By the use of any power vehicle or power boats for herding or driving animals, including use of aircraft to land alongside or to communicate with or direct a hunter on the ground.

By the use of electronic devices for attracting, locating or pursuing game or guiding the hunter to such game, or by the use of a bow or arrow to which any electronic device is attached.

Any other condition considered by the Board of Directors as unacceptable.

The fair chase concept does, however, extend beyond the hunt itself; it is an attitude and a way of life based in a deep-seated respect for wildlife, for the environment, and for other individuals who share the bounty of this vast continent’s natural resources.

Fair Chase Affadavit: Download Here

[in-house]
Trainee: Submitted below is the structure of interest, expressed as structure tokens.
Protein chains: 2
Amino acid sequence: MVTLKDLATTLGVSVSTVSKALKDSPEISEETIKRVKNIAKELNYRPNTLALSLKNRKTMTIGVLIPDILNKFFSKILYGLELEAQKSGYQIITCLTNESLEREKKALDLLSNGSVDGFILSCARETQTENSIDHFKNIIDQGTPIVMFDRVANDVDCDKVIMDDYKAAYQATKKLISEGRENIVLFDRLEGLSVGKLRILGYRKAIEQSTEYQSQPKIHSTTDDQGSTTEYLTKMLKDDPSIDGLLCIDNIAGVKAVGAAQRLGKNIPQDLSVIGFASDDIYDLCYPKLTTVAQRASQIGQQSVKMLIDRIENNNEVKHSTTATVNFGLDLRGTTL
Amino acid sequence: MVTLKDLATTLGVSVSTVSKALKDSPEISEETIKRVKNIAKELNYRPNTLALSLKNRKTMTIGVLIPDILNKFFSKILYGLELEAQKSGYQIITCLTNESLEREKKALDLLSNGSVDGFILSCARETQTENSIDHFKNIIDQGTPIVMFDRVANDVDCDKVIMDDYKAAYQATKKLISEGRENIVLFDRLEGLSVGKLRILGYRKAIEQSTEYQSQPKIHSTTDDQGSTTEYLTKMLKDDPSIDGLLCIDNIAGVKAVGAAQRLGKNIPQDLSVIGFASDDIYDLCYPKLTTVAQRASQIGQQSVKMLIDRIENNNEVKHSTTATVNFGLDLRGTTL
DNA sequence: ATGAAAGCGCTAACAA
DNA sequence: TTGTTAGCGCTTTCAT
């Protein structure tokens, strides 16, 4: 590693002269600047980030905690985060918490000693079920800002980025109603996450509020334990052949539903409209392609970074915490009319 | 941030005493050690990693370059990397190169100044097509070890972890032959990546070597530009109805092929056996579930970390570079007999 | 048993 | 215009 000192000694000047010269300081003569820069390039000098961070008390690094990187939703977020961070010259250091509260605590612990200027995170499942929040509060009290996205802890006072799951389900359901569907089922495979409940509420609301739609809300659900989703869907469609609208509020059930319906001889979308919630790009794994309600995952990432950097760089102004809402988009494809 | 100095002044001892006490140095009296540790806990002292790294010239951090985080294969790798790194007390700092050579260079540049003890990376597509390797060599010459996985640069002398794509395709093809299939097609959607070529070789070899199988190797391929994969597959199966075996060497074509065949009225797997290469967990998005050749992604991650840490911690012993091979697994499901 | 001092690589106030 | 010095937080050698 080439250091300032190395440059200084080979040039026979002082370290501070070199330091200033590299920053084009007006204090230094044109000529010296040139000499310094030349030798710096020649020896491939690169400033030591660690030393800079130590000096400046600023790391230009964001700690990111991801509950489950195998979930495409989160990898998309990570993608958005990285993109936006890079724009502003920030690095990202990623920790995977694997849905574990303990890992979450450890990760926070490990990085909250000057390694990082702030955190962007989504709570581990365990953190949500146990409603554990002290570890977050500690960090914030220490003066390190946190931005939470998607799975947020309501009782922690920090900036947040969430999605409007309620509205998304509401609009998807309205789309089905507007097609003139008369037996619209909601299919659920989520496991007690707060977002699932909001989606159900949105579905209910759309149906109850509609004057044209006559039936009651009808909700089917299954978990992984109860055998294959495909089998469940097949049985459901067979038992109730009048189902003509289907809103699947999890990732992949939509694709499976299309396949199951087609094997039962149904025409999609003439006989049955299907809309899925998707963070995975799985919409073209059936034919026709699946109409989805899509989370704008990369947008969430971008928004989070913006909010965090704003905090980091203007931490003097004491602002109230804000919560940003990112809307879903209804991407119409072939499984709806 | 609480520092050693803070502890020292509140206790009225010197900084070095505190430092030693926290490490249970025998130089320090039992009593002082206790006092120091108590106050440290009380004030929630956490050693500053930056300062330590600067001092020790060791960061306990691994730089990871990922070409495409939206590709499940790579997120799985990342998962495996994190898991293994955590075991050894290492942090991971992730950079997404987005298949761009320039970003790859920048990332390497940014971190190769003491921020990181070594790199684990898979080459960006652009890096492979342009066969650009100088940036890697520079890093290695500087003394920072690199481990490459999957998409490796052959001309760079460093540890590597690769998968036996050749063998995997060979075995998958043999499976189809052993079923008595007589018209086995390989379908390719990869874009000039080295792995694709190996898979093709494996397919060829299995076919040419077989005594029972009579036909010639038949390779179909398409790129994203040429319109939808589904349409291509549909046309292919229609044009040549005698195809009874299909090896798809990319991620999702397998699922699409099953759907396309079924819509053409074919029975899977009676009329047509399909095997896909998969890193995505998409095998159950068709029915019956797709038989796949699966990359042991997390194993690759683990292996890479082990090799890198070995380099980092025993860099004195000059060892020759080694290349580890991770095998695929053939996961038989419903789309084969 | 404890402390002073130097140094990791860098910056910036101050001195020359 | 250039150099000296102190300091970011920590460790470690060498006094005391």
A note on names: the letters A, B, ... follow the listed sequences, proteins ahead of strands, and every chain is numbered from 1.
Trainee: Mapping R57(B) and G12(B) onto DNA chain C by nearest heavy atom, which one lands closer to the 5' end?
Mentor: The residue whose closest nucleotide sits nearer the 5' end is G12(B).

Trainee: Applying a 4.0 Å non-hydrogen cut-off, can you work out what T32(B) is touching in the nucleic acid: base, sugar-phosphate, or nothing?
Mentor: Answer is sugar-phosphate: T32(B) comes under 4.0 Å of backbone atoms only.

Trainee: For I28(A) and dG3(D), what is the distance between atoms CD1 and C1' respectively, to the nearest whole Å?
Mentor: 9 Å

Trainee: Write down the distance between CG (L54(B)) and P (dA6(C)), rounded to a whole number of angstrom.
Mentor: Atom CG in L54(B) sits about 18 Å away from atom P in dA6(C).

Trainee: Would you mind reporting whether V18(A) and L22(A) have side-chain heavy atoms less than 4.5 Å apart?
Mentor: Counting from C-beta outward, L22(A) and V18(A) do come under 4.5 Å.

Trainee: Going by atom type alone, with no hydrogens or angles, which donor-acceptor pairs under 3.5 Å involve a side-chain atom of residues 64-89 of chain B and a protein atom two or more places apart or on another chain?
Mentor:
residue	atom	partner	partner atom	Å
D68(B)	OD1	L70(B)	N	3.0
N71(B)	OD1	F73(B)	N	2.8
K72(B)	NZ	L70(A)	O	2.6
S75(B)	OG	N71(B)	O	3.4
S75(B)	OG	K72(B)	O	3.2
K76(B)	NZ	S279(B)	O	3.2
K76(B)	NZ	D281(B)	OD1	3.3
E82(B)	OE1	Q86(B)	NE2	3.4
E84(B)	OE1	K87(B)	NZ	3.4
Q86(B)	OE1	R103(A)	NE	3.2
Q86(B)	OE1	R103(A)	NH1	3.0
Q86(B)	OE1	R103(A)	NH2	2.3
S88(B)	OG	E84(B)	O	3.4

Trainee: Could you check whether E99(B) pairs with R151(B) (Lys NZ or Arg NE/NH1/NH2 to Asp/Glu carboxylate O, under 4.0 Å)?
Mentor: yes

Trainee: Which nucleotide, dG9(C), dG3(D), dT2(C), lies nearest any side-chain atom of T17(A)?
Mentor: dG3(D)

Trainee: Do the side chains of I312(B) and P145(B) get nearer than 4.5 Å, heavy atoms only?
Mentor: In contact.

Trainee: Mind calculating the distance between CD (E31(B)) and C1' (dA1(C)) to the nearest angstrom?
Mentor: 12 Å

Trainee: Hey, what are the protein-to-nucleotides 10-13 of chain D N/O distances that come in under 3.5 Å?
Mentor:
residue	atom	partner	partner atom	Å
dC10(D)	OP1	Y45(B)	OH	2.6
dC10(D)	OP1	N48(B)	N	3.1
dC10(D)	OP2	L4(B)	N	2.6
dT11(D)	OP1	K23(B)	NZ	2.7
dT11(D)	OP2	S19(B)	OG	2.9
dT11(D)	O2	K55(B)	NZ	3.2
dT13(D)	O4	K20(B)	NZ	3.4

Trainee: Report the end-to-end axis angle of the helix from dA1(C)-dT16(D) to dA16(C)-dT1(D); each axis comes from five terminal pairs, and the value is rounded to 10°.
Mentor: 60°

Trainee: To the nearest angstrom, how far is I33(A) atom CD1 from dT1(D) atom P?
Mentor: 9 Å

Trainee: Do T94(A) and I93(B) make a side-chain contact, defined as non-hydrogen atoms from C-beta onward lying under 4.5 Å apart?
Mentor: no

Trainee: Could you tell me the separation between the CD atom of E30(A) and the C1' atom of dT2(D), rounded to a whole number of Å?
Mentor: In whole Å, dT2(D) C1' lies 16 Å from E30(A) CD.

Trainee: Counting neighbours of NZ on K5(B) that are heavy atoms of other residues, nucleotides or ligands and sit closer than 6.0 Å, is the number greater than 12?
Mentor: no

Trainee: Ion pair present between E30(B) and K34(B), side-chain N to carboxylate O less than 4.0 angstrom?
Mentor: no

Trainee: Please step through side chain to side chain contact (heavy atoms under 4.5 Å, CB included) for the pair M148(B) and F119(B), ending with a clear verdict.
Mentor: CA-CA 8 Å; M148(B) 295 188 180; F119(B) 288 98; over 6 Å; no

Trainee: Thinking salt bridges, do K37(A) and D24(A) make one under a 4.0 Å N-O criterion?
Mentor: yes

QDMA’s Stance on Captive Deer Breeding

On February 23, 2012 the Quality Deer Management Association (QDMA) issued a national press release urging its members and other concerned sportsmen in several states to contact their elected officials and urge them to oppose legislation initiated by the deer breeding industry that would enable introduction of captive deer breeding operations or expansion of these practices within those states.

QDMA supports the legal, ethical pursuit and taking of wild deer living in adequate native/naturalized habitat in a manner that does not give the hunter an unfair advantage and provides the hunted animals with a reasonable opportunity to escape the hunter. QDMA is not opposing high-fence operations that meet the above conditions.

snip...see full statement;




kind regards, terry